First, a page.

I come from a line of music lovers, mom’s side, dad’s side, and while my dad is more of an old school rocker and my mom is a music junkie regardless of the genre, as long as she can sing and bust a groove, I, Jess, have inherited a love of music that goes beyond what makes me feel good, it’s my livelihood, and how I express myself in almost every way possible.
I want to share a story about two women in particular who have impacted me greatly and not just musically.
My Grandmother Edna and Dolly Parton.
My grandma Edna, was born in Alabama and grew up on a cotton farm in Tennessee. Her hands are tough, you can see and feel the scars in her palms from where she was cut from picking the cotton. In her early 20s her first husband died, not only was she left a widow but a single mom for many years until she met my grandpa Henry. All the while she bought a building, opened a restaurant, managed, cooked, cleaned, and waited on tables. She did absolutely everything. Her hours of labor were not the typical 9-5 job most Americans are used to working, she always went above and beyond. She was and still is one of the hardest working women I have ever known.
My grandmother loves country music (being raised in the South) naturally. Her father was a fiddler in the foothills of Tennessee. As the family legend goes, he was the best of the best. I tend to think we are biased however I can remember visiting my grandmother’s sister, Gladys as a teen. She pulled out a cassette player and a tape, popped that sucker in and said with her sweet southern drawl and a glimmer in her eyes, “Jessi, listen!”
To my ear’s delight, it was my great grandpa fiddling away like a boss in an old barn, foot stomping, washboard action and all, the people in the background whooping and hollering! I can still hear it in my mind like it yesterday!
My mom and I have taken quite a few road trips down south with my grandma to her old stomping grounds. One trip in particular we listened to an auto-biography on cassette by Dolly Parton. I was 13 at the time and a bit frustrated that we would be listening to Dolly for 10 hours straight, instead of my rock music. My mom kindly said to me, “Honey, your grandma really likes Dolly Parton and I thought it would be nice if we listened to Dolly’s story.” I gave in only because I had no other choice, I was trapped in a car and not going anywhere else.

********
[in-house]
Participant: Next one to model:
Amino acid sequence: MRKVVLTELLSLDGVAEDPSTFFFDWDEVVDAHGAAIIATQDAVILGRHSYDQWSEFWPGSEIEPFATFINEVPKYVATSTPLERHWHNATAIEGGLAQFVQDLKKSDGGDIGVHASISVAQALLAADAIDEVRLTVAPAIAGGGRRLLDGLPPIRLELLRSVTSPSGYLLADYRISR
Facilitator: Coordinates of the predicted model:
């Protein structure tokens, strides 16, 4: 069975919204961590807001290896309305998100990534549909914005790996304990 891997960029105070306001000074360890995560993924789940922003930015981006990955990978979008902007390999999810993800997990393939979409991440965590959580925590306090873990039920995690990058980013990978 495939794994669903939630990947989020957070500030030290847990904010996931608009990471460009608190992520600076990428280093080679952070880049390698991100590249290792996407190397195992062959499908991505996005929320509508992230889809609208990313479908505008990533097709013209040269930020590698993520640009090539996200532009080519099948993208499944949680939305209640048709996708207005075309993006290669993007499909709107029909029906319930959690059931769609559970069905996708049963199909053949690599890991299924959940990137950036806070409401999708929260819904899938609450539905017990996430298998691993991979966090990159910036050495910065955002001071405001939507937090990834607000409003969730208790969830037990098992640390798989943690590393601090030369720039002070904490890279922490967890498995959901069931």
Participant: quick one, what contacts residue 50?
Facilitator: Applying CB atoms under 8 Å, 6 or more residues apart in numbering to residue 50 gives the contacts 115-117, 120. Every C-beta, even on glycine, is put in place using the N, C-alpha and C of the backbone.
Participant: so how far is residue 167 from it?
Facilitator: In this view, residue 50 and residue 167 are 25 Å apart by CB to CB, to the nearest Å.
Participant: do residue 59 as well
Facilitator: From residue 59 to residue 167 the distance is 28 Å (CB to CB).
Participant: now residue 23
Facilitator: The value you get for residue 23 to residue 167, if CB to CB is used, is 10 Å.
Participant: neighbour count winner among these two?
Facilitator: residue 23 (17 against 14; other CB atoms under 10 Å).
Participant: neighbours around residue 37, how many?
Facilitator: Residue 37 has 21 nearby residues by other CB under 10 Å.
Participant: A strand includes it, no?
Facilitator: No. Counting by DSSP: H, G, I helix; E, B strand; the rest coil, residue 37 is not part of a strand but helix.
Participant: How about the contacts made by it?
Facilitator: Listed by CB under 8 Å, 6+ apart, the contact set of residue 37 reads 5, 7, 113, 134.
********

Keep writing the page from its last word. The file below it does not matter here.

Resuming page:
I ended up being pretty amazed by Dolly’s story of hardship and pain, triumph and success, not only as a performing artist but as a normal hardworking woman trying to make it in this cruel world. I never really cared for Dolly’s music growing up… it wasn’t “my thing” but as I soaked in Dolly’s story I realized why my grandma loved her so much!
Dolly was a hard working woman just like my grandma and she identified with Dolly’s story. It’s taken me years to get this, but music isn’t just for listening pleasure, music is always telling a story, sometimes good ones, some times bad ones. Either way music is so important because it connects us to each other, it helps us identify with people we wouldn’t be able to otherwise.
On this very day, January 29th, 32 years ago, Dolly Parton’s song “9-5” hit the charts.
It’s a song about working a crappy job, day in and day out.
Dolly connected with hardworking, under appreciated and unnoticed people all over the world, because Dolly knows exactly how that feels.
Who loves working a job they hate? I mean come on!
And why wouldn’t you want to sing from the top of your lungs a catchy tune that hits that unsatisfying vocational spot deep within your soul!? Stories do something to us don’t they? Whether a book, or movie, a painting, a song, a hand written note, they transcend time, stories, music, art, they connect us to each other as human beings because we all have a story.
Even though Dolly’s music isn’t my preferred choice of genre, I love who she is as a songwriter. She doesn’t write music to satisfy her inner rock-star, she longs to connect with people, and identify with their stories.
Her story brought joy to my grandma, and seeing that in my grandmother’s life a hardworking woman enjoying the work of another hardworking woman, there’s nothing better. I hope I can share that kind of joy with people even if I never hit the charts with my songs.
I want to hear your story, and share in your story, so that you and I can remember at the end of the day we are never alone and that we should never give up!
No matter what your story is, what your dreams are, don’t let the craziness or mundanities of this life take you over!
Here is to all you hardworking women, and men!
You have a story, and it needs to be heard. So how are you going to share it today?
You never know how your story will change someone’s life.
As Dolly says in her opening line in “9-5”
“Tumble outta bed, and stumble to the kitchen, Pour myself a cup of ambition…”
I raise my cup of coffee to you.